Monday, June 20, 2011

Robert Reich on Marriner Eccles

Truthout posted an excerpt from Robert Reich's new book, Aftershock. It tells the story of Marriner Eccles, chairman of the Fed Marriner Eccles, who served in that capacity from November 1934 until April 1948. If you are not familiar with the story, it's a good, short read.


Others had advised reducing the national debt and balancing the federal budget, but Eccles had different advice. Anticipating what British economist John Maynard Keynes would counsel three years later in his famous General Theory of Employment, Interest and Money, Eccles told the senators that the government had to go deeper into debt in order to offset the lack of spending by consumers and businesses. Eccles went further. He advised the senators on ways to get more money into the hands of the beleaguered middle class. He offered a precise program designed “to bring about, by Government action, an increase of purchasing power on the part of all the people.”

Eccles arrived at these ideas not by any temperamental or cultural affinity—he was, after all, a banker and of Scottish descent—but by logic and experience. He understood the economy from the ground up. He saw how average people responded to economic downturns, and how his customers reacted to the deep crisis at hand. He merely connected the dots.


3 comments:

beowulf said...

What an unusual circumstance that the FRB chairman was more progressive in his economics than the politicians! Along the same lines, Drew Westen kicks the crap out of the Democrats again (from the left).
"Today's Republican Party has three wings: the psychiatric wing, the corporate wing, and the Democrats..."
http://www.huffingtonpost.com/drew-westen/democrats-identity-_b_880135.html

The most interesting part of Westen's story was this:
Consider the following statement about budget deficits, which began a message that beat a tough deficit-focused, budget-cutting message taken straight from the mouth of John Boehner with a large national sample by over 30 points with the general electorate and by an even larger margin with swing voters: "The best way to reduce the deficit is to put Americans back to work. There are 14 million Americans who've lost their jobs through no fault of their own, and they'd be happy to be paying taxes again instead of drawing unemployment insurance.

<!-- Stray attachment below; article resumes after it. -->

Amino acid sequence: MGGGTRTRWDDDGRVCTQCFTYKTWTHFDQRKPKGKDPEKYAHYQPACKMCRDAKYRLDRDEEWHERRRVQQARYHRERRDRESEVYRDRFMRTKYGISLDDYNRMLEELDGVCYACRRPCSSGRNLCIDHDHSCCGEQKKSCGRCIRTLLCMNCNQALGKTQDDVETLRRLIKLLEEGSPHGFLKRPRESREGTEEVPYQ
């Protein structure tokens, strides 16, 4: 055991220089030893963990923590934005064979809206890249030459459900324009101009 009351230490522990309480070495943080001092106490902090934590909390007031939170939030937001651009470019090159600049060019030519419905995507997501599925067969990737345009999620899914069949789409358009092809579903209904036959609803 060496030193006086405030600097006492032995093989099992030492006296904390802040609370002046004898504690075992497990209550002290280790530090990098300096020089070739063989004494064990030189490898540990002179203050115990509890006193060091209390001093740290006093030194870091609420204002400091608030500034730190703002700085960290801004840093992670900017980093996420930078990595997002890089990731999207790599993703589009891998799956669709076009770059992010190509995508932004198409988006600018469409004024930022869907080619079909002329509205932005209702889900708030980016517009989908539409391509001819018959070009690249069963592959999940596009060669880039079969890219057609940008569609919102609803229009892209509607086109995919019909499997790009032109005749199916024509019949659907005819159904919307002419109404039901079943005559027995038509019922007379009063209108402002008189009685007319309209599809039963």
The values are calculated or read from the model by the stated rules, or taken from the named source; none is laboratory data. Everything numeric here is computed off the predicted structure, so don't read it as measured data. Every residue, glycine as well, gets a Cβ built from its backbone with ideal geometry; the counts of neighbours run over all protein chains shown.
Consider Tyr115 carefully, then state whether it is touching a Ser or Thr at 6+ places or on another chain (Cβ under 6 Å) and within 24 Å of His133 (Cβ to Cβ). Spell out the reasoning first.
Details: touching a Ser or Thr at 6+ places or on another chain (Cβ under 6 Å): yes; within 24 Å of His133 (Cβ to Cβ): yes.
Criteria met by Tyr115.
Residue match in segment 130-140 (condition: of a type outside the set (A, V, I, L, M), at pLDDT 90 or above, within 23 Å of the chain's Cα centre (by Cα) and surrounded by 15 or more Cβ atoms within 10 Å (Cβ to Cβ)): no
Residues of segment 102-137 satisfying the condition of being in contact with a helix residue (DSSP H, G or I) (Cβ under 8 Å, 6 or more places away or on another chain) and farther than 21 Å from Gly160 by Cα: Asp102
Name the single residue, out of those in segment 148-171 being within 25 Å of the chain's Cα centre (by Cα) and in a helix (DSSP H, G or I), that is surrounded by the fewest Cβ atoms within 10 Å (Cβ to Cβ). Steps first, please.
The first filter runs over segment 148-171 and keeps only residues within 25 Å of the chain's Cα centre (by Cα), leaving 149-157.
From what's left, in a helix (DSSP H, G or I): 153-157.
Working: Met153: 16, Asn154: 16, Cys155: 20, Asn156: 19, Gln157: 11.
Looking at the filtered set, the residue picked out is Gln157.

A 30 point advantage over deficit hysteria and neither party is touching this message! There's such a ridiculously large political vacuum, I still think The Donald will run after all (if Trump declares as an independent, he doesn't have to file till next summer to make the ballot).
the best thing for balancing the budget is to have a strong economy. And the economy can never come back if we are going to always have high unemployment.
http://mikenormaneconomics.blogspot.com/2011/04/beowulf-on-donald.html

Adam said...

I heard Marriner Eccles story about a year ago from on New Deal 2.0. It should be told over and over again until it is just a known fact by all Americans.

FDR and Keynes did not do everything in a vacuum. They had proponents in business and banking like Mr Eccles.

Clonal said...

Good article by Dave Raithel

What Fareed Zakaria Meant to Write

Quote:
Not even the MMT guys will argue you can have both guns and butter when your productive capacity approaches its maximum and not get inflation in the old fashioned sense of "monetary phenomenon." When that happens, one has to accept: to have the physical resources to blow shit up half a world away, somebody in the community has to go without something - shoes, yachts - whichever. And that's a political decision. Who gets fucked in a modern economy where sovereigns issue the medium of exchange and account is a political decision.

In fact, right now any discussion of government involvement in the economy — even to build vital infrastructure — is impossible because it is a cardinal tenet of the true Burkean-Rothbard-Paul conservatism that such involvement is always and forever bad.